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When was the last time a cure was found for a disease?

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kernel

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Jun 7, 2004
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I'm not having any luck with Google today. I've found some sites matching diseases' symptoms to treatments and cures, but no dates or names of scientists or companies. I'm posting this just in case someone here knows off the top of their head exactly where to go and could save me hours of grief. or someone who's better with search engines. I'd like to make a graph representing the rate of discoveries. Some other questions: Was there ever a period of time when an unusually large amount of discoveries were made? When was the first time a cure (not a treatment) for a disease was found? Has a cure for any venereal disease(s) been found within the last 20 years?

This isn't for anything important, btw. Just curious. Thanks for any help.
 

Loki

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kernel said:
Was there ever a period of time when an unusually large amount of discoveries were made?

1870 to about 1930. Those 60 years were crucial in terms of microbiological and medicinal advances. Pasteur, Koch, and Ehrlich, among others, made huge discoveries during this period, though Pasteur's work began a bit earlier (late 1850's, iirc).
 

kernel

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Oh wait. Do you remember where you found this info? Sheesh i just ran to google with those numbers.
 

Loki

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Keep in mind, though, that I'm not certain if the "rate" of discovery was any greater than what it was from, say, 1940-1970-- it's just that several of the discoveries made during this time laid the foundation for modern microbiology and medical science. It's more the importance of these discoveries than anything else which makes that period, imo, unique.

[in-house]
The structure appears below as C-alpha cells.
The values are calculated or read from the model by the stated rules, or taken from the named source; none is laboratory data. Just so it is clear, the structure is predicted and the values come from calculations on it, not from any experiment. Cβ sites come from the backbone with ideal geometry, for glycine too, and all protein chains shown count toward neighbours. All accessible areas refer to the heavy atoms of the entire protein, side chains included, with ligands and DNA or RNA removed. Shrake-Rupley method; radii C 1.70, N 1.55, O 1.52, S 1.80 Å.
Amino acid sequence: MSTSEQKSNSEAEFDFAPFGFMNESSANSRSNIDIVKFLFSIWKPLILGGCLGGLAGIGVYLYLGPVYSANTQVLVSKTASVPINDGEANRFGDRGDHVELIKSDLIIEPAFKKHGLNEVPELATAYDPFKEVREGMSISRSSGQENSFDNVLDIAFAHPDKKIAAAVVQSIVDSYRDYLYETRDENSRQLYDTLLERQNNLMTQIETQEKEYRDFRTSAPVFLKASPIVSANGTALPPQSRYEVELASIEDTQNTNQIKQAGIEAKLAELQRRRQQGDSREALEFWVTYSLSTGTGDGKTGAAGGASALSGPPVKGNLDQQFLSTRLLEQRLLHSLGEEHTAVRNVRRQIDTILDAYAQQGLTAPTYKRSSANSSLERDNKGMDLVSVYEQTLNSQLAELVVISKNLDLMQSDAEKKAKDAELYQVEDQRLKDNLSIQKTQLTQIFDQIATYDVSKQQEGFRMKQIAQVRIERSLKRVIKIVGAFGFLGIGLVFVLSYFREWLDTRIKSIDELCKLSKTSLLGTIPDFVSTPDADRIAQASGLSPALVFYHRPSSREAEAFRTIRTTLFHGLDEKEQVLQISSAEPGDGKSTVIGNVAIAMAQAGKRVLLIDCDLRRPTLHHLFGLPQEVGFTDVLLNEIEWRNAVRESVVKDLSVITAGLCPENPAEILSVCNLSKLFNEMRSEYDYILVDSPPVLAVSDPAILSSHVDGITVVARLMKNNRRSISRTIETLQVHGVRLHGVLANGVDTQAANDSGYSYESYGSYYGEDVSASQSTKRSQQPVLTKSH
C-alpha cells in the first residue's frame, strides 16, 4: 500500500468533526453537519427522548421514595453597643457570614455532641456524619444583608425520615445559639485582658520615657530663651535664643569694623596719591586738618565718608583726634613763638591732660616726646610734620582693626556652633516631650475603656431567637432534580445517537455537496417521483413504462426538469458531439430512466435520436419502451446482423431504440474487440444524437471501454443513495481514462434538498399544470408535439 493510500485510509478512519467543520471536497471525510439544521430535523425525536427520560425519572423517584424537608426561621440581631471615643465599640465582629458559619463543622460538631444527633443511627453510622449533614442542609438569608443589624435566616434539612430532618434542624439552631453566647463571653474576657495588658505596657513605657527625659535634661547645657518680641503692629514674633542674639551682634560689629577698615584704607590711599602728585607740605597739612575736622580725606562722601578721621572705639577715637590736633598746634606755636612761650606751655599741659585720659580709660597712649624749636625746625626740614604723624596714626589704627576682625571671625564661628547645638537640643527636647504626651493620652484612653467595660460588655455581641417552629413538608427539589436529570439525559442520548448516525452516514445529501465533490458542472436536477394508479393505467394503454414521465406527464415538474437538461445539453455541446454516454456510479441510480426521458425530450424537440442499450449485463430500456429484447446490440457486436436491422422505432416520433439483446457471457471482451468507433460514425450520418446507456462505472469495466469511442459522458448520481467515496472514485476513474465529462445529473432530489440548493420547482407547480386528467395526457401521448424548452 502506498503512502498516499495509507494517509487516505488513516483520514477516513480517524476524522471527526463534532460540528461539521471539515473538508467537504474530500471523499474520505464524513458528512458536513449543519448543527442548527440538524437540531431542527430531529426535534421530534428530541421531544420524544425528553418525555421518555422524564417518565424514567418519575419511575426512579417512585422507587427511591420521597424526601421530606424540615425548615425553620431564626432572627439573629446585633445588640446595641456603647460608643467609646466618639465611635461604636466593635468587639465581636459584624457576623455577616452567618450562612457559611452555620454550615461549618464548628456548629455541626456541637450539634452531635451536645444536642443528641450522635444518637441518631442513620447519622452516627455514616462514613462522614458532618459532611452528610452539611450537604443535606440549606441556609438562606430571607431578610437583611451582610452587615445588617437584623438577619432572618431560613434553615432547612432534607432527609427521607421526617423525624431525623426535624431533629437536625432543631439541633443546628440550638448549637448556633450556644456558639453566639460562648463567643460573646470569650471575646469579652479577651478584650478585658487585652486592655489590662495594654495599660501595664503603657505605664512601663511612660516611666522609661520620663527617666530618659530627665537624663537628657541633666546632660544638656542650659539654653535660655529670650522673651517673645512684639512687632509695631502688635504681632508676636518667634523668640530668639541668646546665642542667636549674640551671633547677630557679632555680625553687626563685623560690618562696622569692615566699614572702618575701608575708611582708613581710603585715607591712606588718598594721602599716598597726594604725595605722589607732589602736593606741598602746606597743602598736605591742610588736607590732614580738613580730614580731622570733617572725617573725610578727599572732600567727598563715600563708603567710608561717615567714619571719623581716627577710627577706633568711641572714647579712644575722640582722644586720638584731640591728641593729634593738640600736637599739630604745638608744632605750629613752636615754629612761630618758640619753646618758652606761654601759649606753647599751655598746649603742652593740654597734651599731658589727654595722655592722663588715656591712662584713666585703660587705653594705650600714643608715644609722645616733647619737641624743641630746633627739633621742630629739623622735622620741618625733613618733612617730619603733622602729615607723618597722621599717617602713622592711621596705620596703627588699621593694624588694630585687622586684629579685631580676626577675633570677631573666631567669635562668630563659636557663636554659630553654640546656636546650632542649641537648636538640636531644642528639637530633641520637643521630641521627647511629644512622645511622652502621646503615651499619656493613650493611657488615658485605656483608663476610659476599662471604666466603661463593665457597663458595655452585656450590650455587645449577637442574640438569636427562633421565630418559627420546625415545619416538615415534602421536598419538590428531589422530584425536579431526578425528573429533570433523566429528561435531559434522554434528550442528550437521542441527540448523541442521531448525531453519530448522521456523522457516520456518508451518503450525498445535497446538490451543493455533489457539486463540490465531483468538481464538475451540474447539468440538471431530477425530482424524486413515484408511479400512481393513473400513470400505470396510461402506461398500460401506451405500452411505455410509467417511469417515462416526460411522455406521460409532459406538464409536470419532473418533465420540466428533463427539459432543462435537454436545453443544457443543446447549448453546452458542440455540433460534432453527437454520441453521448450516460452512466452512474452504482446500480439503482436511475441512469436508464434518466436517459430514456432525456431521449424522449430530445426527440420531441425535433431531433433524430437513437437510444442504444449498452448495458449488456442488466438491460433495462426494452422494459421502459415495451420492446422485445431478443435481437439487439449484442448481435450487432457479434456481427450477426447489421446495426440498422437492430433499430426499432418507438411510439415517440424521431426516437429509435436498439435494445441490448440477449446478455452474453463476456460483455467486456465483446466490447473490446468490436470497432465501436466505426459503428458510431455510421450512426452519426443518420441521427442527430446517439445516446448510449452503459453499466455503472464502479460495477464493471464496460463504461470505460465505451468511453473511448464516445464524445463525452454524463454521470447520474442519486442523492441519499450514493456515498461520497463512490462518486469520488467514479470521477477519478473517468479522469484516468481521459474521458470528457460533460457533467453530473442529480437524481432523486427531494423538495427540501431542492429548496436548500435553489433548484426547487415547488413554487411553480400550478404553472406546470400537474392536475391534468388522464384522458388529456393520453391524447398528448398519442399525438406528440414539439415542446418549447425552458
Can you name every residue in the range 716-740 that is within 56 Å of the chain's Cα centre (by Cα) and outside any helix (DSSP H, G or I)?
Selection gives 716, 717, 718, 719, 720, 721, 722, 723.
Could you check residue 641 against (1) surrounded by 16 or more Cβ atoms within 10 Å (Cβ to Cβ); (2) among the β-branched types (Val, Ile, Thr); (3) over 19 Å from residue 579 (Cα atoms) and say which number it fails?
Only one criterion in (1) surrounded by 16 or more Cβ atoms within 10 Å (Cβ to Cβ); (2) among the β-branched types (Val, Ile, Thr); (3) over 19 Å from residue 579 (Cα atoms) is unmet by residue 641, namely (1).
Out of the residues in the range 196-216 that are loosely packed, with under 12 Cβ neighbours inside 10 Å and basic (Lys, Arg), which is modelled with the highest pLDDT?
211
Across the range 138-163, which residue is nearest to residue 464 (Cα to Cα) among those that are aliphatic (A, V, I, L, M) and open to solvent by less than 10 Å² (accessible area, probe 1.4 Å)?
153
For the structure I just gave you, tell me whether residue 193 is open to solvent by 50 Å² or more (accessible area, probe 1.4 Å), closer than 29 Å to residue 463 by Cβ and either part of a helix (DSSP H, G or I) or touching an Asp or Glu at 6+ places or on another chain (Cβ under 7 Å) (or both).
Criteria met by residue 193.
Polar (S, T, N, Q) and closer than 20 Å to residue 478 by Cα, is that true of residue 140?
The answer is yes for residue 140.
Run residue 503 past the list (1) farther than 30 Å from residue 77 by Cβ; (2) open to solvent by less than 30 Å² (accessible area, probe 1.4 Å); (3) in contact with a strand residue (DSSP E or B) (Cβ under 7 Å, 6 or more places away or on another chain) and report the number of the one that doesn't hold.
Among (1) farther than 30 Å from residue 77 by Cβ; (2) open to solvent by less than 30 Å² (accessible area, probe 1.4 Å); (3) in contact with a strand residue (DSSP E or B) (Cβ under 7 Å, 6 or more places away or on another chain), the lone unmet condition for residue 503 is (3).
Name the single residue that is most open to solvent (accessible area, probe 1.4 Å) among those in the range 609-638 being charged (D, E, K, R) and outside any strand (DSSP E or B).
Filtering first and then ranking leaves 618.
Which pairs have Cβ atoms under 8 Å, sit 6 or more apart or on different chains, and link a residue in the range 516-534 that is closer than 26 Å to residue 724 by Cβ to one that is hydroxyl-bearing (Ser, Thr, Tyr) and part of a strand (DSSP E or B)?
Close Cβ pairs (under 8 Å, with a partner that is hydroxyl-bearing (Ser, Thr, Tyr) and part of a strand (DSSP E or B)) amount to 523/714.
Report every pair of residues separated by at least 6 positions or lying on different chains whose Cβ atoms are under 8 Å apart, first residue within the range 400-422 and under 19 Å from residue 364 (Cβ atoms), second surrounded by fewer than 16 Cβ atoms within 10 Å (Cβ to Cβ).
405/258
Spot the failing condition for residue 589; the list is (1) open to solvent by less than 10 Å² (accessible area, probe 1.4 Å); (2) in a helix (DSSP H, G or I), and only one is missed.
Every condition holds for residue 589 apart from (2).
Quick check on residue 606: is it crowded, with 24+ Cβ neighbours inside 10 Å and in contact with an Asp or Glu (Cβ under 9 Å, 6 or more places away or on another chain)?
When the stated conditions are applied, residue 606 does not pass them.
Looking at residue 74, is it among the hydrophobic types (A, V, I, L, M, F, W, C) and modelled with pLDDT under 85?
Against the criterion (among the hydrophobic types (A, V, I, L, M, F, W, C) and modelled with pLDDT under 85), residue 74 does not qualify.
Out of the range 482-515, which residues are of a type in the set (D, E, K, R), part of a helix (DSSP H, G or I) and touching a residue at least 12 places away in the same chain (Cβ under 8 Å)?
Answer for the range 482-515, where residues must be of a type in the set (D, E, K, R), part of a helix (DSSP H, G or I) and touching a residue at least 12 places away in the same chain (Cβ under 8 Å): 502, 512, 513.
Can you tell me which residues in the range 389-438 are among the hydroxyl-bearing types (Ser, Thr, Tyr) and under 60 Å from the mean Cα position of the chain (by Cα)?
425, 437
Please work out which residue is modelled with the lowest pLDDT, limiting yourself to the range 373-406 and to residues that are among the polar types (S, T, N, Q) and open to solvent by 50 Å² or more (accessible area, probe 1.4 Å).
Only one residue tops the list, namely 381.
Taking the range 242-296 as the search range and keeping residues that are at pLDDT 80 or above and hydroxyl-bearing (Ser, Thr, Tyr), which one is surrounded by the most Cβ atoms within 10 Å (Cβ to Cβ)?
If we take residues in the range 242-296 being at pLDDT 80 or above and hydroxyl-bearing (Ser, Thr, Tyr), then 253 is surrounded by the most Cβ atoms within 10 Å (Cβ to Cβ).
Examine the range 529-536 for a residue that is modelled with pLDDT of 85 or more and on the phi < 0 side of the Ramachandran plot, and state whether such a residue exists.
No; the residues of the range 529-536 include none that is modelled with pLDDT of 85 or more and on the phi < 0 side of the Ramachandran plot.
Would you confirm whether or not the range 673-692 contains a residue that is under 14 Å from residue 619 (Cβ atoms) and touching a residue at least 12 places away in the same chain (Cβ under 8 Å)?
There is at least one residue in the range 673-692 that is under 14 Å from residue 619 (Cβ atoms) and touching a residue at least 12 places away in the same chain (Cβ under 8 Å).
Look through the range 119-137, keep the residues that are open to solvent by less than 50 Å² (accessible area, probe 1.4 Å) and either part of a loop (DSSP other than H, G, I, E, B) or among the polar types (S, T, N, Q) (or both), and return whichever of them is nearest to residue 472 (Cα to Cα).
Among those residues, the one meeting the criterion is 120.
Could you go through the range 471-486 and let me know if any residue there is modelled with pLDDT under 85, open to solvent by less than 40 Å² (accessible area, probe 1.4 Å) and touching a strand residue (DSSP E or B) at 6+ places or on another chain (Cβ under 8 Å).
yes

LakeEarth

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I don't know about cures but I'm sure there have been tons of recent vaccines made... I'm not basing it on anything, just .. it seems true :lol

The big discovery was penecillin in 1928. Took years before it became an drug wildly used in medicine, but it showed up just in time.
 

Loki

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kernel said:
Oh wait. Do you remember where you found this info?

Yeah, I took a course in microbiology in college last semester. :p Much of it was gleaned from my professor's powerpoint slides and lecture notes, though our text also had a chapter or two on the history of microbiology-- any worthwhile text should, really. :)
 

kernel

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Re: "Keep in mind, though, that I'm not certain if the "rate" of discovery was any greater than what it was from, say, 1940-1970-- it's just that several of the discoveries made during this time laid the foundation for modern microbiology and medical science. It's more the importance of these discoveries than anything else which makes that period, imo, unique."

Still, i'm better off than I was 30 minutes ago. microbiology sounds like a useful search term.

edit: I'm trying hard to avoid amazon.com and any heavy books. It's the last resort. An html list that i can copy and paste would be ideal.
 

LakeEarth

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Oh yeah I really enjoyed microbiology, especially when we were just talking about diseases. I know I've got the shot but I'm still afraid of getting tetnus from that course.
 

kernel

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Diseases first became fascinating for me after seeing some movie on HBO about an English teacher with cancer. There was a young doctor who explained that cancer cells don't age (or something like that). Haven't seent the movie in years. Scary but fascinating stuff.
 

Loki

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When was the first time a cure (not a treatment) for a disease was found?